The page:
The Offices of Prophet, Priest, and King
By Reed Benson
One of the greatest misconceptions of our age is the notion that church and state can be completely separated, with no interconnecting relationships. This thinking is present in most nations of the Western world and is typified in the "wall of separation" interpretation of the U.S. Constitution. It is unfortunate that this philosophy has become so entrenched, even among Christians, because it is inconsistent with the teaching of Scripture. Religion is the foundation of law and government for any society. Thus, there always exists some measure of linkage between them. The Western nations of Israelís dispersion have embraced humanism as their religion. Therefore, the tenets of humanism establish the framework of law and the principles used in governing. The issue of authority is fundamental to this discussion because it is only through Biblical channels of authority that the church-state relationship can be understood. What does the Bible say about this vital relationship?
Prior to the entrance of sin into the world, it will be discovered that there were no intermediate authorities standing between God and man. Adam and Eve, not knowing evil and enjoying the conditional immortality, communed directly with God. It is plainly evident from scripture that God, in His triunity, made customary visitations to the Garden. Scripture states: " And they heard the voice of the LORD God walking in the garden in the cool of the day: and Adam and his wife hid themselves from the presence of the LORD God amongst the trees of the Garden. And the LORD God called unto Adam, and said unto him, Where art thou?" (Genesis3: 8-9). This intimate relationship that Adam and Eve enjoyed with the LORD was clearly unique to the pre-fallen state of man. It was a perfect theocratic government. Never again since the fall have men enjoyed such close and familiar communion with God. With the entrance of sin, a gulf was fixed between God and men that required intermediaries. The divinely perfect theocracy had clearly been breached by sin.
Left to his own devices, only ten generations passed before man in his fallen, corrupt condition reached the point of self-destruction. The Noahic flood quickly consummated the inevitable annihilation of mankind. It was after the worldwide deluge that God established intermediate authority to act as a check upon the depraved condition of man. The implementation of the civil sphere is found in the book of Genesis. We read: "And surely your blood of your lives will I require; at the hand of every beast will I require it, and at the hand of man; at the hand of every manís brother will I require the life of man. Whoso sheddeth manís blood, by man shall his blood be shed: for in the image of God made he man" (Genesis 8:20). The primary task of civil government is to restrain the excesses of sin nature and prevent man from self-destruction.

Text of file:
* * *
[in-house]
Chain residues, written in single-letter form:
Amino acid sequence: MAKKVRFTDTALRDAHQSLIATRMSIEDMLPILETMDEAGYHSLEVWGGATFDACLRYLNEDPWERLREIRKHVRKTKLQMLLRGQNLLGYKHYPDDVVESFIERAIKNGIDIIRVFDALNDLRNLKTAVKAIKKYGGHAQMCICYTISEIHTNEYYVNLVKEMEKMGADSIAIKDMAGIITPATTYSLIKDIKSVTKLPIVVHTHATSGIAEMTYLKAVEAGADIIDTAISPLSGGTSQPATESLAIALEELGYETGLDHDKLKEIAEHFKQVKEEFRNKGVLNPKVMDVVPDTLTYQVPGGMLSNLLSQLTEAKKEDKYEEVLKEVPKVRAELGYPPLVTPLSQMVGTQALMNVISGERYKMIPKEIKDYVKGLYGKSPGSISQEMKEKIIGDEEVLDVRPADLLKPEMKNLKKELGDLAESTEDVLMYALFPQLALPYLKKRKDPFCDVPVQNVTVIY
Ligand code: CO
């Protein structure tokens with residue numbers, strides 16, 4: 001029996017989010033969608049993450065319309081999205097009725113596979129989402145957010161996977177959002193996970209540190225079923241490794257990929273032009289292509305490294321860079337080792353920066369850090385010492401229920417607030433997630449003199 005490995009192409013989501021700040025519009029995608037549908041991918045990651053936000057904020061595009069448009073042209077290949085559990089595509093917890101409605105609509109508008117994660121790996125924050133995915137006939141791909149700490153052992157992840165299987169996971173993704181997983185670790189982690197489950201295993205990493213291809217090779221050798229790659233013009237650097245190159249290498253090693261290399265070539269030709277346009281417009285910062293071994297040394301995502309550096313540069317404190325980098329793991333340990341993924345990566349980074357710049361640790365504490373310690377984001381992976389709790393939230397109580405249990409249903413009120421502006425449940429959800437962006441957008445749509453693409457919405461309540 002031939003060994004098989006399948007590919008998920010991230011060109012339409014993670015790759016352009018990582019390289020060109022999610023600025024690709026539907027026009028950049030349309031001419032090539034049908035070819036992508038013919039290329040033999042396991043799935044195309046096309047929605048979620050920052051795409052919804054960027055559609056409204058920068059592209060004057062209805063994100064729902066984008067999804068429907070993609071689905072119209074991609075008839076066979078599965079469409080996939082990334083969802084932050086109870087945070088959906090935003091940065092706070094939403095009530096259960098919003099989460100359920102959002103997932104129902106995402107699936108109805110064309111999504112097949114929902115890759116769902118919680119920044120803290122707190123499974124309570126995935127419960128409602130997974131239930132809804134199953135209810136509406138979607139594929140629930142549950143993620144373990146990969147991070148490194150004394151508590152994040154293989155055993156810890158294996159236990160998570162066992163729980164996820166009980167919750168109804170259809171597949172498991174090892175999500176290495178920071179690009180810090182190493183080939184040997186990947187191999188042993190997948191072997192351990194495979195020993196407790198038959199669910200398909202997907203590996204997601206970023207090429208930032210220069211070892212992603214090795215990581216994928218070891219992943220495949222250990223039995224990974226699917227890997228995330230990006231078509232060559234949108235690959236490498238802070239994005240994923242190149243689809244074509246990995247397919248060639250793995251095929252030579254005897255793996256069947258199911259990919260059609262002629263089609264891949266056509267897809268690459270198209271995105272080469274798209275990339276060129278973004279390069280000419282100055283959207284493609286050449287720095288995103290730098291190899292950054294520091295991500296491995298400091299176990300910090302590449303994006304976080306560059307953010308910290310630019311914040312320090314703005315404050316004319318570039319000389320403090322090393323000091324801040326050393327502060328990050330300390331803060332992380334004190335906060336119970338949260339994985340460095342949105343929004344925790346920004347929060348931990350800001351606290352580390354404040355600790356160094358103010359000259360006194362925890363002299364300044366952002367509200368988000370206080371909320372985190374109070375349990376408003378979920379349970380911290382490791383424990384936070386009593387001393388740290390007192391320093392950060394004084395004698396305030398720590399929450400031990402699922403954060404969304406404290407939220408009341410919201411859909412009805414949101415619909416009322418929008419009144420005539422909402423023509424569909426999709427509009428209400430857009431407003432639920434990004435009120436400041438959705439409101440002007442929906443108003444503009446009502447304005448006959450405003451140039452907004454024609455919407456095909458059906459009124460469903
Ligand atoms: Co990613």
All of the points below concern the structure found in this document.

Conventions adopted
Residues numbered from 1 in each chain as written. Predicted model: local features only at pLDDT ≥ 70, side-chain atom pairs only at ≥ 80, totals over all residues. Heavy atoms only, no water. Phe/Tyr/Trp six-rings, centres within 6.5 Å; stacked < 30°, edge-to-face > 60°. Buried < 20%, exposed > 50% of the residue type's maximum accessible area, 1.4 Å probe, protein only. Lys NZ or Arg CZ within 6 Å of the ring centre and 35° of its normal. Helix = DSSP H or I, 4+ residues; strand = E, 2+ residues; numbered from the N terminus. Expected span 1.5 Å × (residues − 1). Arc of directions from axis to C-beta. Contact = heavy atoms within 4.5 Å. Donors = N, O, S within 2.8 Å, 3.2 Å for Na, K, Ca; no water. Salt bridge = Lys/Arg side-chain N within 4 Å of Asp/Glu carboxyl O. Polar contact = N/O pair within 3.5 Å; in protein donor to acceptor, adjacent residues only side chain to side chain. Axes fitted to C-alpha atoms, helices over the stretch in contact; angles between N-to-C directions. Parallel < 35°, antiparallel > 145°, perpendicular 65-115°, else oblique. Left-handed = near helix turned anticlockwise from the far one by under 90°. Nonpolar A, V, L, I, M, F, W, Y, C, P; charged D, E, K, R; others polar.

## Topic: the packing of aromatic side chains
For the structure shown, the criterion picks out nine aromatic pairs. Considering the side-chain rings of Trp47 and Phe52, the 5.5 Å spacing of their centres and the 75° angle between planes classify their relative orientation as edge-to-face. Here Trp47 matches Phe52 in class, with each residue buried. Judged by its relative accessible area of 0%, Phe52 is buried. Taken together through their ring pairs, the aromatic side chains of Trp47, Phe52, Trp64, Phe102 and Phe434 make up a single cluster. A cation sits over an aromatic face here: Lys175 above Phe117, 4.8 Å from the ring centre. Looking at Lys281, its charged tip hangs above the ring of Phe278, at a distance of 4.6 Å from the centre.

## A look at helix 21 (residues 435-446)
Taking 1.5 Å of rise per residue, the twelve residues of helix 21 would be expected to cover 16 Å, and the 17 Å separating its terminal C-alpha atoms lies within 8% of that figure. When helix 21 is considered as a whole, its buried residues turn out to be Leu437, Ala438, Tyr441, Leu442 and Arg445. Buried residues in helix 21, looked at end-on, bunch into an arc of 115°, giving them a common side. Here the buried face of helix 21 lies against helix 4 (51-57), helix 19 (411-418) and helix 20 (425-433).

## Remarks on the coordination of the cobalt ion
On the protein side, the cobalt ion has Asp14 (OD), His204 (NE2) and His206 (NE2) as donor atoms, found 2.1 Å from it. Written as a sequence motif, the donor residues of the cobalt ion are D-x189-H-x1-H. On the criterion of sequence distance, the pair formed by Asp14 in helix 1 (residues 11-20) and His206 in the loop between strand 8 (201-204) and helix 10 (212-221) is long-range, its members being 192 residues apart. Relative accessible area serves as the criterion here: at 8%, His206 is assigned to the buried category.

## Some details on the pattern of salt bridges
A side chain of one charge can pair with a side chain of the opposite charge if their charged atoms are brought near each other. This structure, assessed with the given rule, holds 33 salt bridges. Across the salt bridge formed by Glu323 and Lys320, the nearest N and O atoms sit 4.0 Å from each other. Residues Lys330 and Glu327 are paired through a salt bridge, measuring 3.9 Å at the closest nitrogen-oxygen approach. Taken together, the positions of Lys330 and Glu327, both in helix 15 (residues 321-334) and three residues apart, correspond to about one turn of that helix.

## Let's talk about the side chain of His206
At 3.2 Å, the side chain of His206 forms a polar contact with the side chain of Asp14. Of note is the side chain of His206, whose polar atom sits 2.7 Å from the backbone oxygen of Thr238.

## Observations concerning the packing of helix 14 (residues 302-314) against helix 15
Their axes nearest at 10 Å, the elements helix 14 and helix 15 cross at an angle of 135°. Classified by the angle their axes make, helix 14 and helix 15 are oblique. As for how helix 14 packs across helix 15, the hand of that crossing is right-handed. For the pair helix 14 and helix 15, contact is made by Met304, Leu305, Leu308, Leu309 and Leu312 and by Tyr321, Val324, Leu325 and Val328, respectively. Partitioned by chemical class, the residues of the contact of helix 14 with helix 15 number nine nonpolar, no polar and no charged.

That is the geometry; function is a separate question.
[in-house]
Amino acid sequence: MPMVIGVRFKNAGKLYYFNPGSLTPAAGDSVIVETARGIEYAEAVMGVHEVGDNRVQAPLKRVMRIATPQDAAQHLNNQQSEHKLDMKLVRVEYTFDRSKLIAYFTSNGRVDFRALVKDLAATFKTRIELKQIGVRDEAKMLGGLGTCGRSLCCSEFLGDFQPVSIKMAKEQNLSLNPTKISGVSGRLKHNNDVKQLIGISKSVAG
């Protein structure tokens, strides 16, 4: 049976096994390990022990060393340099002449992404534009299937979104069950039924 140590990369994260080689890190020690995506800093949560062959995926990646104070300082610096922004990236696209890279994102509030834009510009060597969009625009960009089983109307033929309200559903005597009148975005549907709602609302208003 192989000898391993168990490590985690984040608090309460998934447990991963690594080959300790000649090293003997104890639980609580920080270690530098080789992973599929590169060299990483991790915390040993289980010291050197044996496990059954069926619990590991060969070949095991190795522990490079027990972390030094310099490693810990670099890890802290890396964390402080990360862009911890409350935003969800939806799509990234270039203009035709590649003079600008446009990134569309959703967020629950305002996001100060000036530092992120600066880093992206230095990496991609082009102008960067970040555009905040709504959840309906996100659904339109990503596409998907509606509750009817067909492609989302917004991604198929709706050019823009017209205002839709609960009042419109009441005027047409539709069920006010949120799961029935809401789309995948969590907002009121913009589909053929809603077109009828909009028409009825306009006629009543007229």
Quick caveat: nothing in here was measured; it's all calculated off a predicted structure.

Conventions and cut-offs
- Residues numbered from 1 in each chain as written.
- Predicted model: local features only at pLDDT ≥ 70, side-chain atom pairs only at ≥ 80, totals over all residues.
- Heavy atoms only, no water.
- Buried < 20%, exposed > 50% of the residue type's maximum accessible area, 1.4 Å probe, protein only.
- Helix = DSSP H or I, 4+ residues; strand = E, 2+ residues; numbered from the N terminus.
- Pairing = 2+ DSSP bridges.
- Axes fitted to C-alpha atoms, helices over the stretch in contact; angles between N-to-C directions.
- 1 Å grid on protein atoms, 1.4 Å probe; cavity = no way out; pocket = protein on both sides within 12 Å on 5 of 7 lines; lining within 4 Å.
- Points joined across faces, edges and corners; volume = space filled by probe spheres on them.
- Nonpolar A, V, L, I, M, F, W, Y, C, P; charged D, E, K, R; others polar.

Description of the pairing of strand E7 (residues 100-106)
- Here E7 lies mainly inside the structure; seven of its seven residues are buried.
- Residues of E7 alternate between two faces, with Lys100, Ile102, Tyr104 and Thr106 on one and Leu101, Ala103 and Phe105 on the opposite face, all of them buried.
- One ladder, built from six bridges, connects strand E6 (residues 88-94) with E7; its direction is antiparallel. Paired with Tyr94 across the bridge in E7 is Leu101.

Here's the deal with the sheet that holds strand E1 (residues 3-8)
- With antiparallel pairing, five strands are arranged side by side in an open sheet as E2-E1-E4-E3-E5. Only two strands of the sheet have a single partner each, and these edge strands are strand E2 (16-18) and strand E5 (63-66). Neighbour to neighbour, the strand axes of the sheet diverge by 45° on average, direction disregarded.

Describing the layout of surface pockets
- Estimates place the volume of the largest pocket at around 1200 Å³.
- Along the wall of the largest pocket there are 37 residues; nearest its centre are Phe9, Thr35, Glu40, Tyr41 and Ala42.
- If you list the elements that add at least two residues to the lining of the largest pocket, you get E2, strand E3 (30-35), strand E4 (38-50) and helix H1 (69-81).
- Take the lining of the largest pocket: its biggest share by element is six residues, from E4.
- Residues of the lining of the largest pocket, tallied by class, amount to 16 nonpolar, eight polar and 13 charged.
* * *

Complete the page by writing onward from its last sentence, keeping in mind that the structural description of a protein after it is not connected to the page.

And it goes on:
In terms of atonement, religious authority was needed to act as a mediator to approach an entirely righteous and holy God. Blood sacrifice was required, which Noah performed (Genesis 8:20). A priesthood was ultimately called forth to fulfill this ongoing requirement. This is the foundation of church government. While a perfect sacrifice has been provided by Jesus Christ, manís sin nature remains. Thus, the regular appropriation of that blood by ecclesiastical authority is required.
Throughout history it will be quickly discovered that the intermediate authorities represented in kings (state) and priests (church) have not fulfilled their tasks very effectively. This is because of manís continuing fallen condition. Acting as a check upon the potential abuses of kingly and priestly authority, God has established the third leg in this sphere of human authority, the office of the prophet. While prophet officeholders must also labor under the constraints of sin nature, they do provide a counter check upon civil and religious corruption. Thus, there are three offices of human authority appointed in as intermediaries between a holy God and fallen man: king, priest and prophet.
Of these three offices of human authority delegated by God, none of them is meant of stand above the others. They are separated in their functions and somewhat different in nature. Interestingly, enough, however, there have been rare times when one man has been called to simultaneously fill more than one of these offices. This seems to be true at critical junctures in Israelís history. Not only was Moses the civil head of Israel, but he also filled the prophetís role. Under his leadership, Israel was closest to a true theocracy. After his death, however, all of the judges were civil magistrates only, until the time of Samuel. In this transition period of Israelís history, Samuel brought both the civil and the religious spheres together again in one person for the duration of his lifetime.